Canadian smartphone users, specifically those who access the various mobile banking apps, have reached a “critical mass” when it comes to being aware of the ability to pay for products and services at the point of purchase via their device. According to SRG’s Digital Life Canada Survey this key demographic represents about 4 million Canadians. Their study was conducted of 1,000 Canadians sometime in the spring of 2012.
SRG also noted that “56% of them are aware of an upcoming service that would allow them to swipe their phone to pay for goods and services at check out.” This is up from 47% in 2011. Much of the increase in awareness is apparently from all the “buzz about NFC-chip enabled devices,” such as the Galaxy Nexus, Bold 9900, Galaxy S III etc.
Even though the awareness is high, adoption is a completely different story and still an uphill battle in Canada. Back in May Rogers and CIBC partnered up to bring the “the future of mobile payments in Canada.” Users will be able spend up to $50 on their CIBC Visa or MasterCard by simply tapping their NFC-ebabled BlackBerry device to a terminal (see here). In addition, the Canadian Bankers Association (CBA) has started the process of getting all the correct steps in play for the “mobile wallet” revolution. They recently announced the “Mobile Reference Model,” which is basically a set of guidelines to “provide clarity to the marketplace.”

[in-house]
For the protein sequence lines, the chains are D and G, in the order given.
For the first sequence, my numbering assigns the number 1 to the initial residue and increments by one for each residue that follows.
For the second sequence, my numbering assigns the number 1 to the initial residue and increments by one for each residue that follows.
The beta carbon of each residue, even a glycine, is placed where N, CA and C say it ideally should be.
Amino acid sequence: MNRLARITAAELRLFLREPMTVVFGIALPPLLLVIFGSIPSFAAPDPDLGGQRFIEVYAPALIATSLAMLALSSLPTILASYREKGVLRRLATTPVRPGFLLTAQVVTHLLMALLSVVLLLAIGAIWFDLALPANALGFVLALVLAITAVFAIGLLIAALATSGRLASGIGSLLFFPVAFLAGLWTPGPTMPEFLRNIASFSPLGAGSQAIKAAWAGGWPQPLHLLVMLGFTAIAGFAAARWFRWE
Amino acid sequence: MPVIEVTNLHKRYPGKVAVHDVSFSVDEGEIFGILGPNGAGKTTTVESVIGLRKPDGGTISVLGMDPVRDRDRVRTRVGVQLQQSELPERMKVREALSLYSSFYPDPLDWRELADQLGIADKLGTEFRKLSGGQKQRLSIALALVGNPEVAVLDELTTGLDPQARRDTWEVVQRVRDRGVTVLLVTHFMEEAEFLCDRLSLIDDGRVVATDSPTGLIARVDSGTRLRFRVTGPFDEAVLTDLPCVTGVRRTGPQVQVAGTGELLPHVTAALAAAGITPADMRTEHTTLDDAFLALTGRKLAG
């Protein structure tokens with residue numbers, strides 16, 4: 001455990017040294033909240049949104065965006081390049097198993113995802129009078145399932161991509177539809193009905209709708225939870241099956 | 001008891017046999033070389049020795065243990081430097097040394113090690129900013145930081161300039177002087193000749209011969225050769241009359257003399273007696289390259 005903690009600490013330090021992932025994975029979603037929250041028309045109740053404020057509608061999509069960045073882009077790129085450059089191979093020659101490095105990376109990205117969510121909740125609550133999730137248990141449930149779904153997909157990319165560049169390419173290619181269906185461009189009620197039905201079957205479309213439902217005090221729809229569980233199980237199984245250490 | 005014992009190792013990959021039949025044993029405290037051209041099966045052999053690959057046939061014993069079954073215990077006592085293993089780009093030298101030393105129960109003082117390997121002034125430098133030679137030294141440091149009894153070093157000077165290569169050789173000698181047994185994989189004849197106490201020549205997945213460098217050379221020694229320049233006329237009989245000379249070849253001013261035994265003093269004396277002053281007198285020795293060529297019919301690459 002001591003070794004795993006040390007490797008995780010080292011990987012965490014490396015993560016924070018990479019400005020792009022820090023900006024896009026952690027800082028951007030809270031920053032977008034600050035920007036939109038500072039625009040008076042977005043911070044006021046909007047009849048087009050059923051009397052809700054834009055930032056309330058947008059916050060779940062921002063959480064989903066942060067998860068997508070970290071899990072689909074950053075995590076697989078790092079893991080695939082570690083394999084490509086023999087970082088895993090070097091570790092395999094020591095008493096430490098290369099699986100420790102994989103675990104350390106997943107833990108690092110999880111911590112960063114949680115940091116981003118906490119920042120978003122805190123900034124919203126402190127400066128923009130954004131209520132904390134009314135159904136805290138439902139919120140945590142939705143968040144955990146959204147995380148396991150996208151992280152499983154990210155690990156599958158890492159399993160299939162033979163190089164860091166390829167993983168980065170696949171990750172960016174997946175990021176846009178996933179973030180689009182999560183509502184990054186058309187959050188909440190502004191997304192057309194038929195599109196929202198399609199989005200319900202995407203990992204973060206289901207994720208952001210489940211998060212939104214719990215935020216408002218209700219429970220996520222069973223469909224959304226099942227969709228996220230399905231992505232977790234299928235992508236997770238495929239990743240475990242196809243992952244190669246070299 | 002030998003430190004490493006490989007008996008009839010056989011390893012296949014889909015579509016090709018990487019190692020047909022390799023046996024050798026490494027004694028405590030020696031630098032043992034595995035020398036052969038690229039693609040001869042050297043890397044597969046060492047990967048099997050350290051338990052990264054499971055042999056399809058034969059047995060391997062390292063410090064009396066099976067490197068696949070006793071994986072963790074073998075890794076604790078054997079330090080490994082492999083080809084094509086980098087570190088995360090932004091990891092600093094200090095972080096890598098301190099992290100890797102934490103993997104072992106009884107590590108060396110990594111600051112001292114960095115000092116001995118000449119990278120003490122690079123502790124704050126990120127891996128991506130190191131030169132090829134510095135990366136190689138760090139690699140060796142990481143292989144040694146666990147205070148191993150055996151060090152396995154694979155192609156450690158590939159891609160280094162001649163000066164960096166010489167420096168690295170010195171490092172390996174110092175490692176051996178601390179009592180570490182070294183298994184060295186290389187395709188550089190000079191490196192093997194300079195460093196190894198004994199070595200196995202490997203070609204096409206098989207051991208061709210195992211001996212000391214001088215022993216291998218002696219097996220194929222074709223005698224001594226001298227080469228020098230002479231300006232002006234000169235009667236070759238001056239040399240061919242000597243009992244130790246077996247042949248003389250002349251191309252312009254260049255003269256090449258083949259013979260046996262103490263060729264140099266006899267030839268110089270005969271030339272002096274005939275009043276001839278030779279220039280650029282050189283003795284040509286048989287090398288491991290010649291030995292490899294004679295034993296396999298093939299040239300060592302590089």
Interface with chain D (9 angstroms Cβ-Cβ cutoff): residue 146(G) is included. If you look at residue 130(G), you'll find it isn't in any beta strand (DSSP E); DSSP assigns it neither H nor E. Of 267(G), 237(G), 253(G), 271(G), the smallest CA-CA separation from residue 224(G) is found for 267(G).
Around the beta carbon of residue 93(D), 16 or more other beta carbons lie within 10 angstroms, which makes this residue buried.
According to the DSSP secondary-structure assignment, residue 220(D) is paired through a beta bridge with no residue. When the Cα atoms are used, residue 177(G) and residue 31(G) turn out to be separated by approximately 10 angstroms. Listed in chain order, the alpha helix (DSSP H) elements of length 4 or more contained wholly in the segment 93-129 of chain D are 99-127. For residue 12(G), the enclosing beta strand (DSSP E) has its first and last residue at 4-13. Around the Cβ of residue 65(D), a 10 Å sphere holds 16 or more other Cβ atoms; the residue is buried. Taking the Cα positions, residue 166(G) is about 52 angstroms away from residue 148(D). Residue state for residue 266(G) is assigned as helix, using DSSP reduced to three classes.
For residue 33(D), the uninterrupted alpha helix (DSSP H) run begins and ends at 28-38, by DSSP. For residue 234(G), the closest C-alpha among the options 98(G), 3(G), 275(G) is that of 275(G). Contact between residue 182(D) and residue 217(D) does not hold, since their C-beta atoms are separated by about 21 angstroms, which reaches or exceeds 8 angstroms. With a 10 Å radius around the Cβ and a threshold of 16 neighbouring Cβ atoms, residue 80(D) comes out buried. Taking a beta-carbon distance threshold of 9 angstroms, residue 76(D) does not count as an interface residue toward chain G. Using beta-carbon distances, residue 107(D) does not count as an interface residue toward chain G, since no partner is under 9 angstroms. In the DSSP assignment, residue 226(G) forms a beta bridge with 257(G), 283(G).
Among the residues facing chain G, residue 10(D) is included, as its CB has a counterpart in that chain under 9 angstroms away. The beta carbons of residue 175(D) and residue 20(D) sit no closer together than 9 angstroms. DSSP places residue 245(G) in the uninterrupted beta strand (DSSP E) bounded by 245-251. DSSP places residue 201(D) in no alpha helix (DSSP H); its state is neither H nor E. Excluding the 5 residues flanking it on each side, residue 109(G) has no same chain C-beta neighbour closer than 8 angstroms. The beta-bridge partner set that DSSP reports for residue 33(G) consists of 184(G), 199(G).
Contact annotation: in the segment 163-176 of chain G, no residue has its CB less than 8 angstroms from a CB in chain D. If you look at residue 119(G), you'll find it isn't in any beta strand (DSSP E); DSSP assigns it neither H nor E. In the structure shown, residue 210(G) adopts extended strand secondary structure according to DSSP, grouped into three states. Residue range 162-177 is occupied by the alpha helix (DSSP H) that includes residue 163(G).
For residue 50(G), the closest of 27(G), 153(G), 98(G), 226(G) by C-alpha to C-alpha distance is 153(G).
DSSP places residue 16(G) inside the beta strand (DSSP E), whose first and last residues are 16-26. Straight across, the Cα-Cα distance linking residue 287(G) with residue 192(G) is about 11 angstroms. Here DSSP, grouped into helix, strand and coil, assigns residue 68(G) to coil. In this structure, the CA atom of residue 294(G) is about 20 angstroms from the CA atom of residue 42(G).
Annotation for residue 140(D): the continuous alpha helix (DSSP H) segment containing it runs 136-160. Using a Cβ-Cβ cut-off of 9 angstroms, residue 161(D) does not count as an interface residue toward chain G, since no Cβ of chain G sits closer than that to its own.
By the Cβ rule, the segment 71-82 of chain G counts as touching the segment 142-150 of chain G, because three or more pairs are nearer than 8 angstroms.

Everything seems to be falling into place. Consumers are more aware and demanding the service, plus respected organizations are shifting towards implementation. However, the biggest concern, which unfortunately increased over the year, is still security. Most of who are aware of the ability to pay would like to know more about the service before they commit to trying it out.
SGR based a “consumer trust level” on a 10-point system. At the top is TD and BMO with an average score of 7.5, followed by credit card companies like AMEX, Visa and MasterCard with 7.0; then mobile phone manufacturers like Apple and RIM at 6.7. Retailers, such as Canadian Tire and Wal-Mart almost came last with 6.5, but it’s our wireless carriers that took bottom spot – Rogers, Bell and Telus – with a score of 6.4.